IT's take on Web 2.0
By Ross Milburn | 2009-01-05
All panelists agreed that IT should be about innovation and culture change and not about maintenance. "Incremental improvement is easy - you can always make infrastructure more secure and faster, but my colleagues on stage are looking for things that will really transform their businesses," said Edward Orange, director, Lotus Business Unit, IBM Asia Pacific. "Maybe your users think they want a "faster horse," as Henry Ford said, but they really need a car."
Kwok Suk Wah, CIO of AON Hong Kong, reported a culture change to her own department. "AON is a multinational, and in the old days, we had IT offices in Hong Kong, Singapore, Sydney and so on," said Kwok, "but now we have a global virtual IT team. We want the best people, without duplication, and we need them to collaborate as much as possible."
Even instant messaging is a force for change, notes Orange. "When we deployed it at IBM, it flattened the organizational structure. Everybody was messaging the boss, telling him they didn't agree. It challenged the way decisions were made. So IT is not just about money, it changes the corporate culture."
Users challenges to IT
IT staff are increasingly challenged by colleagues. Users are bringing their home technologies to work with them, reports Kwok. "Consumers get Yahoo! services and lots of video for free and I feel challenged to provide such services in the corporate environment, where vendors charge for everything. It raises issues of cost, time and governance that users don't consider."
In hospitals, IT collaboration can be a matter of life or death. "If medical staff overlook an allergy or transfuse the wrong blood type, it can kill," said Dr NT. Cheung, chief medical information officer, Hospital Authority in Hong Kong. "But the treatment is not given by one doctor but a clinical team that has a very intensive information demand. Yet with so many people involved and treatment divided between hospitals and clinics, it is one of the last businesses to be fully computerized."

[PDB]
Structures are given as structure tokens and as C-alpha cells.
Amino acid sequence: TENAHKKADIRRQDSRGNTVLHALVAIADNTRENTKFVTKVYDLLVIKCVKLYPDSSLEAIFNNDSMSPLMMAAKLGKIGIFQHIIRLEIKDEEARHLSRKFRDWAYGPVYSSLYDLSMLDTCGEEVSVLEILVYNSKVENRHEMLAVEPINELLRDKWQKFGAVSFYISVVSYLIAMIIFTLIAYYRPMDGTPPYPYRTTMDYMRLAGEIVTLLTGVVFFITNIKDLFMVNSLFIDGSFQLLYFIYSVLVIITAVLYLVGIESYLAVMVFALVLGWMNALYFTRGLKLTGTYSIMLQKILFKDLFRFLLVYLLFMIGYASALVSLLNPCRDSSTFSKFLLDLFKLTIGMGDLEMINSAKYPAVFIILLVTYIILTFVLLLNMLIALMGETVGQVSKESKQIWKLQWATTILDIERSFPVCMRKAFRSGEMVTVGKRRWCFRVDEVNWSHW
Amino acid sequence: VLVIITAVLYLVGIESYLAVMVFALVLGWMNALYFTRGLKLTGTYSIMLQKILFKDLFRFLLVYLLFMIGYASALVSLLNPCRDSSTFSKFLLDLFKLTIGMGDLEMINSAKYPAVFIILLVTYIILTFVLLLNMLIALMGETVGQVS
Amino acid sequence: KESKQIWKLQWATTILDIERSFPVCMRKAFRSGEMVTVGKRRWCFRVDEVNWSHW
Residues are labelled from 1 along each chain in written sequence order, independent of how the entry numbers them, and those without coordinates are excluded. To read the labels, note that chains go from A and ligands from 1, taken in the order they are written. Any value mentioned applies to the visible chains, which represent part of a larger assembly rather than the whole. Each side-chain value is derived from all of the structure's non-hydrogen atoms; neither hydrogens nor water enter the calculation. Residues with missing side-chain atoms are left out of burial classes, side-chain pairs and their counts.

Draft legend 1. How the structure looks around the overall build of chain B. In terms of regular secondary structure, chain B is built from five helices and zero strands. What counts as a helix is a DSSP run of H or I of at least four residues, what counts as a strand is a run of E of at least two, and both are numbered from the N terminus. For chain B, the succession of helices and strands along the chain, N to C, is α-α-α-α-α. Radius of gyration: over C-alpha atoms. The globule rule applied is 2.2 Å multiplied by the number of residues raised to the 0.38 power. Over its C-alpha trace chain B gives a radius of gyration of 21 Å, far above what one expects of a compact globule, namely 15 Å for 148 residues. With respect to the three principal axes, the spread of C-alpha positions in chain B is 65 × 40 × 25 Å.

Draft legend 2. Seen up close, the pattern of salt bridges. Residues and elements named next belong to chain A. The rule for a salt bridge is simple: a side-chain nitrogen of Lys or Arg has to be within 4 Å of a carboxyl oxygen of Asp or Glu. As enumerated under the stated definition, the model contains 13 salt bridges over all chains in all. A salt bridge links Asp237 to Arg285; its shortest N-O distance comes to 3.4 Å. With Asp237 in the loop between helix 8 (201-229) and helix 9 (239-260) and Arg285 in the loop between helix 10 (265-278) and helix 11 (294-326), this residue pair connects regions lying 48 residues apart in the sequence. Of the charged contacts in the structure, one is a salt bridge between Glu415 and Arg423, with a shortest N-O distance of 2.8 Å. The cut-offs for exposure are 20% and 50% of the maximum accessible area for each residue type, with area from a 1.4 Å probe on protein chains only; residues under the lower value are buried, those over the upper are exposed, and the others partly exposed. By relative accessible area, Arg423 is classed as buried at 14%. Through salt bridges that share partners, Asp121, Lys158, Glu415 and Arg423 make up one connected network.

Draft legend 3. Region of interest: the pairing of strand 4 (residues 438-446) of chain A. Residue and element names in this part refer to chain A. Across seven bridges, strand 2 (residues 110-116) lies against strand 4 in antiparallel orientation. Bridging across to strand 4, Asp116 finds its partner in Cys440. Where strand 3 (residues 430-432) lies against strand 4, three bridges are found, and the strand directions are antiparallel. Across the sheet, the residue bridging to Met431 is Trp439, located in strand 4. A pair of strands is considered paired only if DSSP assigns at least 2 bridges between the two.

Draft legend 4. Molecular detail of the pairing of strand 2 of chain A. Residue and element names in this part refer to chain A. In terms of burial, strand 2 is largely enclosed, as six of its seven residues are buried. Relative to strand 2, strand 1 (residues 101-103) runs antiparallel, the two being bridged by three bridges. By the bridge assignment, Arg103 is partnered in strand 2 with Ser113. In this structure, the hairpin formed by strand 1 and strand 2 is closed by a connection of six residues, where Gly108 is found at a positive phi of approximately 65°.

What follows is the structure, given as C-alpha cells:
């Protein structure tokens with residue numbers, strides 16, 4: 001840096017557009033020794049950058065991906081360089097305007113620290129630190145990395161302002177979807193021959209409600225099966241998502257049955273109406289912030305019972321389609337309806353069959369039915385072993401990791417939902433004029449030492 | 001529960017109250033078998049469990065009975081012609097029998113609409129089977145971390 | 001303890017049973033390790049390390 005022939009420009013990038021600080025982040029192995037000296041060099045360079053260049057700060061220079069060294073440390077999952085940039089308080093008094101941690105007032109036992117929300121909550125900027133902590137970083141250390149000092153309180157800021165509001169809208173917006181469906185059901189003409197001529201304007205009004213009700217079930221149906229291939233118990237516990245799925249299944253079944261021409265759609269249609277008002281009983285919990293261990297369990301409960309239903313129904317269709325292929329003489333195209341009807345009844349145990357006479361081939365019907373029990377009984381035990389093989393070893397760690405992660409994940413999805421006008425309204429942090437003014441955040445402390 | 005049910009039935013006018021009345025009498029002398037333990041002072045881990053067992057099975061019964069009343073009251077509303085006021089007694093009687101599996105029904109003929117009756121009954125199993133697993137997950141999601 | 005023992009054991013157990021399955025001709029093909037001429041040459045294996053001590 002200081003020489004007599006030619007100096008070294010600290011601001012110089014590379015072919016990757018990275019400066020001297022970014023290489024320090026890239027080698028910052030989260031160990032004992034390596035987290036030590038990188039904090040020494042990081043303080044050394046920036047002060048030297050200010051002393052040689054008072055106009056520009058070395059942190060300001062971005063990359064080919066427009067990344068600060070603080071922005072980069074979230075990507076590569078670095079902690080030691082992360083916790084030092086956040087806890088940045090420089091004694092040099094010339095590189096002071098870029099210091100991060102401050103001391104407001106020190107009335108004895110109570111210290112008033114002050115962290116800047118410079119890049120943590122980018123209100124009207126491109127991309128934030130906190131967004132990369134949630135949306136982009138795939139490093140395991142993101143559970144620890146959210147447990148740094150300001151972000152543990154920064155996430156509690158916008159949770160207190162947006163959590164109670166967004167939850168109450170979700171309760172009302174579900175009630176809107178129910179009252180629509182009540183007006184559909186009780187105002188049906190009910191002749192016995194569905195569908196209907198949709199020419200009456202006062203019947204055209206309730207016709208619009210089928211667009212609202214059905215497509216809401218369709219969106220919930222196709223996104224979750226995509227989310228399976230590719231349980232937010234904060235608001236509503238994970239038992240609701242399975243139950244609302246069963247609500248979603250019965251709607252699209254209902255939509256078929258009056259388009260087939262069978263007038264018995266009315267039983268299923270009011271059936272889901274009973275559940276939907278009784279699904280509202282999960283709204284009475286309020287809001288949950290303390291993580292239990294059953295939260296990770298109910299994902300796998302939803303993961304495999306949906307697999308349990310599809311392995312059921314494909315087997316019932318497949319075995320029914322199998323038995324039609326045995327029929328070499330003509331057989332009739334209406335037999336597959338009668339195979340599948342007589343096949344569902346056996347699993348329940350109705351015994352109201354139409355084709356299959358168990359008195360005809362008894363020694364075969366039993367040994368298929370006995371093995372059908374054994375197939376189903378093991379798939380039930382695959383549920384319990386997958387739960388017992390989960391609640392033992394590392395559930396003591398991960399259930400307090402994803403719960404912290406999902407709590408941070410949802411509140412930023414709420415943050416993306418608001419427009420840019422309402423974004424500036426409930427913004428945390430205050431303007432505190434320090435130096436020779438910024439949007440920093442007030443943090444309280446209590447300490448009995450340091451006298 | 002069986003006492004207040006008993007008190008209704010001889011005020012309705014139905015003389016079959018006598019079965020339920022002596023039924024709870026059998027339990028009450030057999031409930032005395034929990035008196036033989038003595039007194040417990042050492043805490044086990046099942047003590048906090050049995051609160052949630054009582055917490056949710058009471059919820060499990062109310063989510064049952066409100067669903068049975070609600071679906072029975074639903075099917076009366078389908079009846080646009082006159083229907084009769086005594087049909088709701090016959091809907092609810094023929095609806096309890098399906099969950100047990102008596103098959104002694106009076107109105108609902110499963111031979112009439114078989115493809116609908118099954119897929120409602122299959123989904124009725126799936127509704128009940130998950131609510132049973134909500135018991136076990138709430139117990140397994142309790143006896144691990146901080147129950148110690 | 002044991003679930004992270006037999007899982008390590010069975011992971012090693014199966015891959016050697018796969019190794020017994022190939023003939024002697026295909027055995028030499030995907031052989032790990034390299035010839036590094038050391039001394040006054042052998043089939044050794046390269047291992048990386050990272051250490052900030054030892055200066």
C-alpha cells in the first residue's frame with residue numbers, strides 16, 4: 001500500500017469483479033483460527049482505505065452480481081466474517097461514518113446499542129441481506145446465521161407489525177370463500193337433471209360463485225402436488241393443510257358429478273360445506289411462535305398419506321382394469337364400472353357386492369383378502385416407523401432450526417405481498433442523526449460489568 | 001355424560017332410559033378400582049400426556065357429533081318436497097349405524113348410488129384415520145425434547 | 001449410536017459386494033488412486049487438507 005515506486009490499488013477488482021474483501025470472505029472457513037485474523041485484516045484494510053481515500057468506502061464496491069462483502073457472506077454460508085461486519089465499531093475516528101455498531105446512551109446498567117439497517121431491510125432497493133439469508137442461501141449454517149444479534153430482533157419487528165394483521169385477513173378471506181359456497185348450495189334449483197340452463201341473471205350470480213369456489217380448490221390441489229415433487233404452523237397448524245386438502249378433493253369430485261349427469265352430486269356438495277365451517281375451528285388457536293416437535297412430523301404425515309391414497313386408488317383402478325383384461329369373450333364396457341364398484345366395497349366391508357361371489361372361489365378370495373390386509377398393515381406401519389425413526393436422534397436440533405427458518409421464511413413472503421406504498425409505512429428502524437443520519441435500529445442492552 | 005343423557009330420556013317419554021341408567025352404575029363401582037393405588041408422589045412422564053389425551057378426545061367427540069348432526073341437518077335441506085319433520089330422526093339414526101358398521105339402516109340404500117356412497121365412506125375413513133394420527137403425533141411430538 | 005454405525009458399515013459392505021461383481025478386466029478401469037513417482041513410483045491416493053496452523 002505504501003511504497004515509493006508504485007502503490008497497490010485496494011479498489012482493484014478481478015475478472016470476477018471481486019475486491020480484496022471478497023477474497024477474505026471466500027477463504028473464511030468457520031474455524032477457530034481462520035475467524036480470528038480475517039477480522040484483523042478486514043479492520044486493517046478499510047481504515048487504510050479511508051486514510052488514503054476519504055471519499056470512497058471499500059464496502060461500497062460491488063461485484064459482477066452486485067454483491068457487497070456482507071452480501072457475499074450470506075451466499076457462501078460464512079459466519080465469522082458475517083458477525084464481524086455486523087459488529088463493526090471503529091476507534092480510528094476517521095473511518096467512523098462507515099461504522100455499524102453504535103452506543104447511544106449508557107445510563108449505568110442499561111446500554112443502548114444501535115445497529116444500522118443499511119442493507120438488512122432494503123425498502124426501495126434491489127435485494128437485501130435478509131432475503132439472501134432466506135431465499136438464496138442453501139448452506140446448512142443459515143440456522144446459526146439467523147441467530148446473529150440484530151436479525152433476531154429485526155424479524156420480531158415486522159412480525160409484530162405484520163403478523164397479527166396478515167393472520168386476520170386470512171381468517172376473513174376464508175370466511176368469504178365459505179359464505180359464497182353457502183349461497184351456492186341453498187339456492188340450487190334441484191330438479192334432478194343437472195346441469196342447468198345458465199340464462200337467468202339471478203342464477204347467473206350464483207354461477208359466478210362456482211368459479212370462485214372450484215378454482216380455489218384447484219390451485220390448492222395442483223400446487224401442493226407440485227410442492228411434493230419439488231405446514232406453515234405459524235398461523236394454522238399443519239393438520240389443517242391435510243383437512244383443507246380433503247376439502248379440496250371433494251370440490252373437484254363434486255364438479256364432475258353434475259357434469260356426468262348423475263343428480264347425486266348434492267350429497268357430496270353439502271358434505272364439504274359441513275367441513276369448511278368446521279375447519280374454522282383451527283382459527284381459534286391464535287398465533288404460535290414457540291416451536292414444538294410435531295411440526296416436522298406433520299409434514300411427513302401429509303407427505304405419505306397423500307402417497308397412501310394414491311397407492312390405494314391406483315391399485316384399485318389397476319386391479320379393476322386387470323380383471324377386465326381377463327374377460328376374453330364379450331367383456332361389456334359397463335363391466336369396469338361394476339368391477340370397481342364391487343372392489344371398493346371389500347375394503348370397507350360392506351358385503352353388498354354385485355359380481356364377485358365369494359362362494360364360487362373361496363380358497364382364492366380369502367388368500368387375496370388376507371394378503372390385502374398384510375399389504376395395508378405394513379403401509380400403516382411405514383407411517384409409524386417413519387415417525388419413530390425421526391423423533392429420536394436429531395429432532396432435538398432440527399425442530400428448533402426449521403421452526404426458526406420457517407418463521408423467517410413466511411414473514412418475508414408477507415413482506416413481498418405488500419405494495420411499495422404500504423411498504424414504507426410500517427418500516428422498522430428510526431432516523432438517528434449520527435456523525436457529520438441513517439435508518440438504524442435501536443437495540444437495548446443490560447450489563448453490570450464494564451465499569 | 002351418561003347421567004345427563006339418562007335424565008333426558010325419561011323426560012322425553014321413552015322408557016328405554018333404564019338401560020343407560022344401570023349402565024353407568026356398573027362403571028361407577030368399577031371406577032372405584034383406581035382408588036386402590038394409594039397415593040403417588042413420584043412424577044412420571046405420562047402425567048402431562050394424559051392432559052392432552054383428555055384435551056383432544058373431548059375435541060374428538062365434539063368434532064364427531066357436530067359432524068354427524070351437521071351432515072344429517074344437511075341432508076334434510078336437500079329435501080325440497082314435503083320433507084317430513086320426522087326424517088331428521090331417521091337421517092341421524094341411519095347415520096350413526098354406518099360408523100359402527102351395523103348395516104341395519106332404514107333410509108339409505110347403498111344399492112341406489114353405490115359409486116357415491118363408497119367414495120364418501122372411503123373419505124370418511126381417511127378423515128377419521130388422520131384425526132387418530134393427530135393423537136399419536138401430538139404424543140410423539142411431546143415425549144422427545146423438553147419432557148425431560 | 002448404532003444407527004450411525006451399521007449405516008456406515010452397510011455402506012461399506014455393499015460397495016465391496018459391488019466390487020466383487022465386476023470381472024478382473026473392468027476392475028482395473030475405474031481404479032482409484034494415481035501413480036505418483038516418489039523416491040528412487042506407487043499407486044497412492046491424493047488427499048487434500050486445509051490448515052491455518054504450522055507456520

Winning over users to IT control
In medical practice, the key tool is the electronic patient record. "At the Hospital Authority, we have built a cloud-based patient record system that will provide electronic access to the whole medical team," said Cheung. "If the patient consents, it can be released to any doctor."
CIOs are torn between supporting users' freedom and retaining corporate control, especially of security. "You must separate what is strategic to your company from that which is not," said Orange. "For example, Human Resources may be strategic with regard to payroll and contractual terms, but it may also involve leisure activities like a tennis league that is social networking. Corporate assets can be protected while treating social activities separately."
IT staff may face a dilemma when users demand Web 2.0 applications such as Facebook.. "The question is: How can you provide it in a secure way?" said Orange. "Singapore Poly has deployed a more secure Facebook-type enterprise application. Anybody in the college can use it, and it is an interesting and valuable application."
"IT people need a seat at the business table, if they are to be seen as enablers of the business," said T. Rajah, CIO of CLSA, an equity-focused brokerage and investment group headquartered in Hong Kong. "Credibility in collaboration is about realizing the benefits of IT. There may be another conversation about security and restrictions, but that doesn't help you sell the project."
Finally, diplomacy must not be overlooked in dealing with corporate users. "I always give the users hope," said Cheung. "I never say no: I always tell them it's in my strategic plan somewhere and we will look at ways to deploy it."